Hirsch is now been forced out of his job with Politico's two top editors saying, "these posts were clearly outside the bounds acceptable discourse and Politico editors regard them as a serious lapse of newsroom standards. They crossed a line in ways that the publication will not defend, and editors are taking steps to ensure that such a lapse does not occur again."
Howard Dean, the former governor and presidential candidate turned MSNBC pundit also invoked the Hitler regime. He was talking about Steve Bannon, the ex-Breitbart executive who is heading for a top White House post.
(BEGIN VIDEO CLIP)
HOWARD DEAN, FORMER DEMOCRATIC NATIONAL COMMITTEE CHAIR: -- and then the senior adviser's a Nazi.
EVAN SOLOMON, JOURNALIST, CTV NEWS: Steve Bannon who ran something called Breitbart News, you know what people say -- people like to throw around this word Nazi. It's a pretty big word.
DEAN: It's a big word and I don't usually use it unless somebody is really anti-Semitic, really misogynist.
SOLOMON: Do you really believe that --
(END VIDEO CLIP)
KURTZ: It's fine to criticize Bannon over Breitbart's incendiary writings but can we please cool it on the Nazi stuff and that's not the only loaded word being unleashed against Bannon. CNN online contributor Charles Kaiser said this about Steve Bannon.
(BEGIN VIDEO CLIP)
CHARLES KAISER, ONLINE CONTRIBUTOR, CNN NEWS: And then, you know, if you don't want to support the alt-right don't choose as a White House counselor a man who uses the word (Bleep) whose wife says that he did not want his daughters to go to a school with too many Jews --
BROOKE BALDWIN, CNN ANCHOR: Charles, just hang on a second. I appreciate you going through all of this. But, please don't use the n-word on my show.
KAISER: I'm sorry.
(END VIDEO CLIP)
KURTZ: Good for Brooke Baldwin. And Kaiser was flat wrong on the first part. He admitted to the Washington Post he didn't mean Bannon, but attorney general nominee Jeff Sessions. The senator denied using the n-word which is alleged to have uttered 35 years ago.
Kaiser just stated his fact. Keith Olbermann you will recall was an uber Liberal voice on MSNBC but now making videos for GQ. He is apoplectic (ph) about Trump and such advisers as Kellyanne Conway who had castigated Harry Reid for trashing Trump's election.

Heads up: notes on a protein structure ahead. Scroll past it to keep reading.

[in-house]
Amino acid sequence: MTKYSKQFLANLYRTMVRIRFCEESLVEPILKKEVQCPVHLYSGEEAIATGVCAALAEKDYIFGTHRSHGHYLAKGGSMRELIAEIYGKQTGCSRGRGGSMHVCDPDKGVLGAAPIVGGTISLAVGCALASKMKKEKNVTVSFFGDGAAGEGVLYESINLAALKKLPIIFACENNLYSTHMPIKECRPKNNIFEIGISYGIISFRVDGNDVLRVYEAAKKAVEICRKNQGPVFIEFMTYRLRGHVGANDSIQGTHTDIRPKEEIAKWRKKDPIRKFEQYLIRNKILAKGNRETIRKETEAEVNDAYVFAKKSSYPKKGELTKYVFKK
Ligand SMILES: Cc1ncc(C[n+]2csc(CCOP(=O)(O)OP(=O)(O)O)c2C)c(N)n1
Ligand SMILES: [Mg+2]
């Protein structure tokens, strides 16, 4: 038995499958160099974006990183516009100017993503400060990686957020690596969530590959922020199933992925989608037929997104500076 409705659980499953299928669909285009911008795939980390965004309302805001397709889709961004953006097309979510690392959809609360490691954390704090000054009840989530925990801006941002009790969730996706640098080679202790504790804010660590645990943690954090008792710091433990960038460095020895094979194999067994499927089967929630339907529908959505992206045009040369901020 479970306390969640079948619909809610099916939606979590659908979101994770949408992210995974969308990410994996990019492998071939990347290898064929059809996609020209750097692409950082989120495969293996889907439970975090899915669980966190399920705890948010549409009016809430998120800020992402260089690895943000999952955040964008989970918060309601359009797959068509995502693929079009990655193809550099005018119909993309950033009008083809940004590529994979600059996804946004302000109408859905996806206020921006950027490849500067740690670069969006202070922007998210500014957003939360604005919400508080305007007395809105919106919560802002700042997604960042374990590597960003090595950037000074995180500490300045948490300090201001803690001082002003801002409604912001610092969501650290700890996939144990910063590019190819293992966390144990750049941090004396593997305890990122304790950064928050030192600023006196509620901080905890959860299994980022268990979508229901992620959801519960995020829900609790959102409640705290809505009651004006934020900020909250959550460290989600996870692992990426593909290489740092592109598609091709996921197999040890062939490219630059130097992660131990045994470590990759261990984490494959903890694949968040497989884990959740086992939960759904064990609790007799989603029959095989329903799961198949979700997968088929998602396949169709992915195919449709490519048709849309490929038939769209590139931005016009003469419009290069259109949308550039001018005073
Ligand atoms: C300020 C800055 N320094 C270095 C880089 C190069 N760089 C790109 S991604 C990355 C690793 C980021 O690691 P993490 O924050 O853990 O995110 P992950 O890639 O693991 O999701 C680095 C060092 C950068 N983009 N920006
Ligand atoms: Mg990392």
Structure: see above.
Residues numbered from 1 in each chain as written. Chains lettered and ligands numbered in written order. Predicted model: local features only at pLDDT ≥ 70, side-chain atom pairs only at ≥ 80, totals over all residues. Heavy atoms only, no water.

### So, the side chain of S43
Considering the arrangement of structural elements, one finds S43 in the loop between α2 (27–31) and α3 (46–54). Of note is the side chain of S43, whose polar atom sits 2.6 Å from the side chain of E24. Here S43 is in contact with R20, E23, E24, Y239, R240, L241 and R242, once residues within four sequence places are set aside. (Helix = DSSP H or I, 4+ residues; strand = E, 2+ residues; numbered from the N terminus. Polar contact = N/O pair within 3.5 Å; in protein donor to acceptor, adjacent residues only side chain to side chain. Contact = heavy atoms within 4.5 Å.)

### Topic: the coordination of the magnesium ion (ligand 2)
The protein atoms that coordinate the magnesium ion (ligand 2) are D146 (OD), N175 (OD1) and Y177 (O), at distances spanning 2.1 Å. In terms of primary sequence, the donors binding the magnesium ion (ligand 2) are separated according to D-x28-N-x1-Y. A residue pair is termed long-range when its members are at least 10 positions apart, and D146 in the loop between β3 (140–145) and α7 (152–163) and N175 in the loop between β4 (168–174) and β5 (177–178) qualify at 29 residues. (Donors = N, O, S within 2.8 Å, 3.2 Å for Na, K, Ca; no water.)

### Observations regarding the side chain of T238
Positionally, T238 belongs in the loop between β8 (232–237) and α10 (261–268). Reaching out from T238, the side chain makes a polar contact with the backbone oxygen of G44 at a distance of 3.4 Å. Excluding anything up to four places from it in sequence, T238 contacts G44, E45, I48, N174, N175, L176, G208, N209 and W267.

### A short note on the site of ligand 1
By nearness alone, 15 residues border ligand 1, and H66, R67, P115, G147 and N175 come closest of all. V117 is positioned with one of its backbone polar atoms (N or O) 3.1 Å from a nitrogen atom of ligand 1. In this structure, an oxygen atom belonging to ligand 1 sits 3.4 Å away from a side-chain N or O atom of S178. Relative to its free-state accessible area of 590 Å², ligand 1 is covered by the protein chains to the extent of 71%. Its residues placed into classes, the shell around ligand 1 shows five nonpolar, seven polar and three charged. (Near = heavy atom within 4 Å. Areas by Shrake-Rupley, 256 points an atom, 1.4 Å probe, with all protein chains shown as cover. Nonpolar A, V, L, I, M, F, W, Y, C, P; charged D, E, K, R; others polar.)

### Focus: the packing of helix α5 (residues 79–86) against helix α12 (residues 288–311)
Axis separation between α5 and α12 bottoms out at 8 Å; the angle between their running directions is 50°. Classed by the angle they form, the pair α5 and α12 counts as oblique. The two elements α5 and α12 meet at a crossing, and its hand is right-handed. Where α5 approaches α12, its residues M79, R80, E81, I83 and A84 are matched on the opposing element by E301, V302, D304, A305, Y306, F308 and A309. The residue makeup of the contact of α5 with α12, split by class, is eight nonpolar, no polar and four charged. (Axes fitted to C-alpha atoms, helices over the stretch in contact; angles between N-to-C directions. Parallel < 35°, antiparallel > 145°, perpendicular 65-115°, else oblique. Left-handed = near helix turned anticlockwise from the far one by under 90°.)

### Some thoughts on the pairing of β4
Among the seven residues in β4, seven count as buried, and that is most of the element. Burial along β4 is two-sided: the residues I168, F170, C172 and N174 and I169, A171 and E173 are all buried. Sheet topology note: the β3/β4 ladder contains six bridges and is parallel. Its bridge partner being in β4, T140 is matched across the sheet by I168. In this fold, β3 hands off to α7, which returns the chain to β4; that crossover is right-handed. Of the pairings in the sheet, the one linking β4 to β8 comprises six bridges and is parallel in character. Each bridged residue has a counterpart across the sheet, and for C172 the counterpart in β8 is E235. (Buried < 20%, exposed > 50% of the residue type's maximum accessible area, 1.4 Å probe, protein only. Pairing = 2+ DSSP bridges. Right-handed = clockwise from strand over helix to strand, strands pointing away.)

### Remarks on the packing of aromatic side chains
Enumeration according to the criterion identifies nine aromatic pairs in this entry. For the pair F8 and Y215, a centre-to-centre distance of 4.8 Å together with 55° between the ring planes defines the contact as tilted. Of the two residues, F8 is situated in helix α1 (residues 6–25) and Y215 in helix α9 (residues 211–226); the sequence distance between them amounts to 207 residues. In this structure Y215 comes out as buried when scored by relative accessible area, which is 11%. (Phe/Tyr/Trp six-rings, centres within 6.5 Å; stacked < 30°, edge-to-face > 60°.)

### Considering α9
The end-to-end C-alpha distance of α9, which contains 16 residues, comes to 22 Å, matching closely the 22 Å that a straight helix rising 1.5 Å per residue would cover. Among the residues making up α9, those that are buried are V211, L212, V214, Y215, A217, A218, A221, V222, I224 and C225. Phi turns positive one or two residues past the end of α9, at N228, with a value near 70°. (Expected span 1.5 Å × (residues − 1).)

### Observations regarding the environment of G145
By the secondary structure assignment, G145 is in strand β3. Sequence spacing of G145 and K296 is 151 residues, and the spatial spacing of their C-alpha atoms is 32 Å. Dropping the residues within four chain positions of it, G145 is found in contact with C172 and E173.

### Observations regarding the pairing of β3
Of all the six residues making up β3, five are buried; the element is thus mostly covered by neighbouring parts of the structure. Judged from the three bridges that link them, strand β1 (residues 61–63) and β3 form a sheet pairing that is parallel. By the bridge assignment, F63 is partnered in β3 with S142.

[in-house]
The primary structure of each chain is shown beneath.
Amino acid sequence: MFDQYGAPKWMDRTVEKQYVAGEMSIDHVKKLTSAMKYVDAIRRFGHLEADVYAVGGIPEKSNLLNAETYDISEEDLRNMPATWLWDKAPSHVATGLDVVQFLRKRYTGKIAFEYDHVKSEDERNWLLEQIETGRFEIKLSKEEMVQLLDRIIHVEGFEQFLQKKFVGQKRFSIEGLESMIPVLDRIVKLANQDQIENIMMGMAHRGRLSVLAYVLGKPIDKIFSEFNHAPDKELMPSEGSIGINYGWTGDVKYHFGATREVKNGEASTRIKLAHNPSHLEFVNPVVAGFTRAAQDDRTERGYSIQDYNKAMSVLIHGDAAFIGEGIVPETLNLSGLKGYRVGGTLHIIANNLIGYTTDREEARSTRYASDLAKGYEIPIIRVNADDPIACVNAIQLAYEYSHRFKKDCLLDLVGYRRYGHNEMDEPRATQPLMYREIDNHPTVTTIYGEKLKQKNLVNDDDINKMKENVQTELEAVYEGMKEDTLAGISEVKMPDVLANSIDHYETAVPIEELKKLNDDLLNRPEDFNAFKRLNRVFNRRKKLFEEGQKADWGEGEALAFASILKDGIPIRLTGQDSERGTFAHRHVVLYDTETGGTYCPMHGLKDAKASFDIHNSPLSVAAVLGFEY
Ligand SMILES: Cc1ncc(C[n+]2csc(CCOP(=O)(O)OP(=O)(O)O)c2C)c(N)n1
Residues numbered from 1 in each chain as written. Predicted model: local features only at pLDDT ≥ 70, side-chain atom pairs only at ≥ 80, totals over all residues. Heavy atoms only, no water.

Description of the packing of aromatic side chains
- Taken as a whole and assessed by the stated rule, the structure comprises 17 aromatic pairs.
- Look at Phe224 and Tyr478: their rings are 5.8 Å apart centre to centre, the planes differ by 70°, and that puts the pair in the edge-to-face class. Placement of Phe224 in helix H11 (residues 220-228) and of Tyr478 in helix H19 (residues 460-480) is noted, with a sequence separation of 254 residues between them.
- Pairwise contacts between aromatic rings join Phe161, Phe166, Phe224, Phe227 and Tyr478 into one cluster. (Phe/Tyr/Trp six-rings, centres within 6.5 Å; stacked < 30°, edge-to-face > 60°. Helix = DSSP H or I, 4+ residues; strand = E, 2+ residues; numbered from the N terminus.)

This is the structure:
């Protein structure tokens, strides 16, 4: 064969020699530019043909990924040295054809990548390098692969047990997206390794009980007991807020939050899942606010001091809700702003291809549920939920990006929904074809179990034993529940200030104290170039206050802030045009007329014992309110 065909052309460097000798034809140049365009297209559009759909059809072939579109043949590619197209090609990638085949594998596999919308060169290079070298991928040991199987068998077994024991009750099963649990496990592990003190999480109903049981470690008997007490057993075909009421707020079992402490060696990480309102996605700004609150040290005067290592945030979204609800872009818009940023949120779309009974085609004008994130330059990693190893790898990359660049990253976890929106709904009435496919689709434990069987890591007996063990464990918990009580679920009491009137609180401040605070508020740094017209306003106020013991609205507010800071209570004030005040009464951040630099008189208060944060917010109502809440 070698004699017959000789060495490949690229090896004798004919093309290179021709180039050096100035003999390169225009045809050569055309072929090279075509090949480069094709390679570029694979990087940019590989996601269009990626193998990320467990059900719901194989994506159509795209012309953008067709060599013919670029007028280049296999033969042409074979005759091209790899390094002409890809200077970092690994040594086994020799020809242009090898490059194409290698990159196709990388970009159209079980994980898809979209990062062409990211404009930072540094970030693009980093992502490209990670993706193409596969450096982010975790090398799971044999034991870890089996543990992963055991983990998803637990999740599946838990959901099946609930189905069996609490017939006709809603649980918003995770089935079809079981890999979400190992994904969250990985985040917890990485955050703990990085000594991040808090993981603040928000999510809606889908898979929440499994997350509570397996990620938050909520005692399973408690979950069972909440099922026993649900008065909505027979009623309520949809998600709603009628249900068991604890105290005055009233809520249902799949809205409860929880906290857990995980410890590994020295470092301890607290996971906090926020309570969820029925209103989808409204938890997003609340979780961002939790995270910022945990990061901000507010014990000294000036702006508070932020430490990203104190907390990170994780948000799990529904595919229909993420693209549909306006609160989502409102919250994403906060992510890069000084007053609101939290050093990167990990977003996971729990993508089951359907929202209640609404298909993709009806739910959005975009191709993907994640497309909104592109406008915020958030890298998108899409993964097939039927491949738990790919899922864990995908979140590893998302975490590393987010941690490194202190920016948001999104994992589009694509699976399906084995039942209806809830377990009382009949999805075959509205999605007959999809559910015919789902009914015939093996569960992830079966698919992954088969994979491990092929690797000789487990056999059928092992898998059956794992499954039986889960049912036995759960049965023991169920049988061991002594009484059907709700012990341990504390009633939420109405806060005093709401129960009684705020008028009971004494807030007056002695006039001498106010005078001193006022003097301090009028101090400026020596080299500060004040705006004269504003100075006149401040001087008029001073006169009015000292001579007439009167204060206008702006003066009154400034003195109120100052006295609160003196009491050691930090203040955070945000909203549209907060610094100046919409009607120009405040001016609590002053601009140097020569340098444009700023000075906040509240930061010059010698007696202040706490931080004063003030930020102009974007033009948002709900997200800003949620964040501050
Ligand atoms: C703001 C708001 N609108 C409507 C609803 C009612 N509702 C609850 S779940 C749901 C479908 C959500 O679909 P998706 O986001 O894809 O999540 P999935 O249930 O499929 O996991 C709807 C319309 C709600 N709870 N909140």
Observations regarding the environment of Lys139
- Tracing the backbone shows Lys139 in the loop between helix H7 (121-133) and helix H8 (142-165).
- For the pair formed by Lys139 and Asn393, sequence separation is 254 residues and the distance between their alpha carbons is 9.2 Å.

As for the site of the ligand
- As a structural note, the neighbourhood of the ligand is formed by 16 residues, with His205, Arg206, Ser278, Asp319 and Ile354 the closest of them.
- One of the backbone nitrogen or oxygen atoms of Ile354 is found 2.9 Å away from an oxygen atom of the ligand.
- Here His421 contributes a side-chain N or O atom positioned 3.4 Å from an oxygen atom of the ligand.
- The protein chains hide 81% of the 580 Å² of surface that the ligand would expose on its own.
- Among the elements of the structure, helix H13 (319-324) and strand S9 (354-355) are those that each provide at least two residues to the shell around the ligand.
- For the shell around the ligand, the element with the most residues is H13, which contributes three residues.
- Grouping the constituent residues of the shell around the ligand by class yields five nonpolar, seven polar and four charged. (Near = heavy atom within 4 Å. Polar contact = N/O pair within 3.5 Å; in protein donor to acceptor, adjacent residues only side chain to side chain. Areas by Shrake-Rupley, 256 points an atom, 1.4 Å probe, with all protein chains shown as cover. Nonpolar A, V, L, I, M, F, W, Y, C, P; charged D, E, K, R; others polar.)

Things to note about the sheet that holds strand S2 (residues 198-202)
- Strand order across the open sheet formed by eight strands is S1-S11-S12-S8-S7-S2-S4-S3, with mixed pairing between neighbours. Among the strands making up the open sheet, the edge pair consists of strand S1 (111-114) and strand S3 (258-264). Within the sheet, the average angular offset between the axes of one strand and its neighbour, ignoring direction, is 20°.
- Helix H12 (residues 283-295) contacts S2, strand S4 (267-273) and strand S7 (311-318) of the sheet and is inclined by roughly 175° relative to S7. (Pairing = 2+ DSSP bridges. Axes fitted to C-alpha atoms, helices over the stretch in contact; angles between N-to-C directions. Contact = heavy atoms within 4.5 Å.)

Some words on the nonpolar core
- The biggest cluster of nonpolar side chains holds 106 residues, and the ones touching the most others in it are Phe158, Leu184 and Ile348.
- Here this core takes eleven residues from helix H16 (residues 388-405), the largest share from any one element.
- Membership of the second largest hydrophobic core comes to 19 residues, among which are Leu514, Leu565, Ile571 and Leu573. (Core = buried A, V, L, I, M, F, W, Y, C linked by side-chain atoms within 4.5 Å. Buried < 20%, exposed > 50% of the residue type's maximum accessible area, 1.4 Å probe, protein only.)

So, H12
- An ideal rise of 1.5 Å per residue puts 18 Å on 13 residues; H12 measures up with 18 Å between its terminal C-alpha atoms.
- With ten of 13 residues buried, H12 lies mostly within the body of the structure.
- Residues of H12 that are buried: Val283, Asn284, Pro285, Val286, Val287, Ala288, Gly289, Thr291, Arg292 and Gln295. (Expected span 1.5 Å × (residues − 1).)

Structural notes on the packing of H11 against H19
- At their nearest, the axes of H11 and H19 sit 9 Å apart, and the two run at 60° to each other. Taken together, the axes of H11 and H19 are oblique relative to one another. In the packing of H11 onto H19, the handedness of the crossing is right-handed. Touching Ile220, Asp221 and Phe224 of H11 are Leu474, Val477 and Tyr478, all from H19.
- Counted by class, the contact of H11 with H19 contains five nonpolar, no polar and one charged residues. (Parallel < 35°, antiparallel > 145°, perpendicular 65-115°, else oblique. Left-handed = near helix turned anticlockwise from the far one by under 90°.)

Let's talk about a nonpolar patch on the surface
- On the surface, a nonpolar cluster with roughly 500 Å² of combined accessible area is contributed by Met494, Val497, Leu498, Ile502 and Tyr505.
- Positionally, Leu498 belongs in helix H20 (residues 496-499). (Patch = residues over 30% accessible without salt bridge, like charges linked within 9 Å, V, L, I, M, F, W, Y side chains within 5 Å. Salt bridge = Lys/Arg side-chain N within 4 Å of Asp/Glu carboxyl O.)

(BEIGN VIDEO CLIP)
KEITH OLBERMANN, SPECIAL CORRESPONDENT, GQ: And the CNN headline after it actually reads Conway re-trade barbs over Trump as if criticism and press against the first amendment are somehow equivalent and the pretending escalates.
(END VIDEO CLIP)
KURTZ: Oh, and Olbermann tweeted, "What a wretched human @KellyannePolls - - Kellyanne Conway -- truly is #LeaveOurCountry #Fascist." Fascist? Leave our country? Seriously? Kellyanne is a respected professional in the political world and happens to be a nice person. But none of that matters for those in the media world suffering from Trump trauma.
Coming up, Tucker Carlson on how the journalistic botching of the campaign has fueled what he calls the rise of the irresponsible media.
And later, why Twitter is struggling despite its starring role in the election and nobody wants to buy it.
KURTZ: How much of a hit have the media taken from Donald Trump's election? I put that question to the host of the new Fox show "Tucker Carlson Tonight" here in studio one.
KURTZ: Tucker Carlson, welcome.
TUCKER CARLSON, TUCKER CARLSON TONIGHT HOST, FOX NEWS: (Inaudible).
KURTZ: After the campaign which the media repeatedly told us Donald Trump couldn't win the nomination and clearly wasn't going to win the general election, what is the state of media credibility today?
CARLSON: Well it's very low. And not just the media but the paramedia (ph), you know, all the experts who go on television to tell you --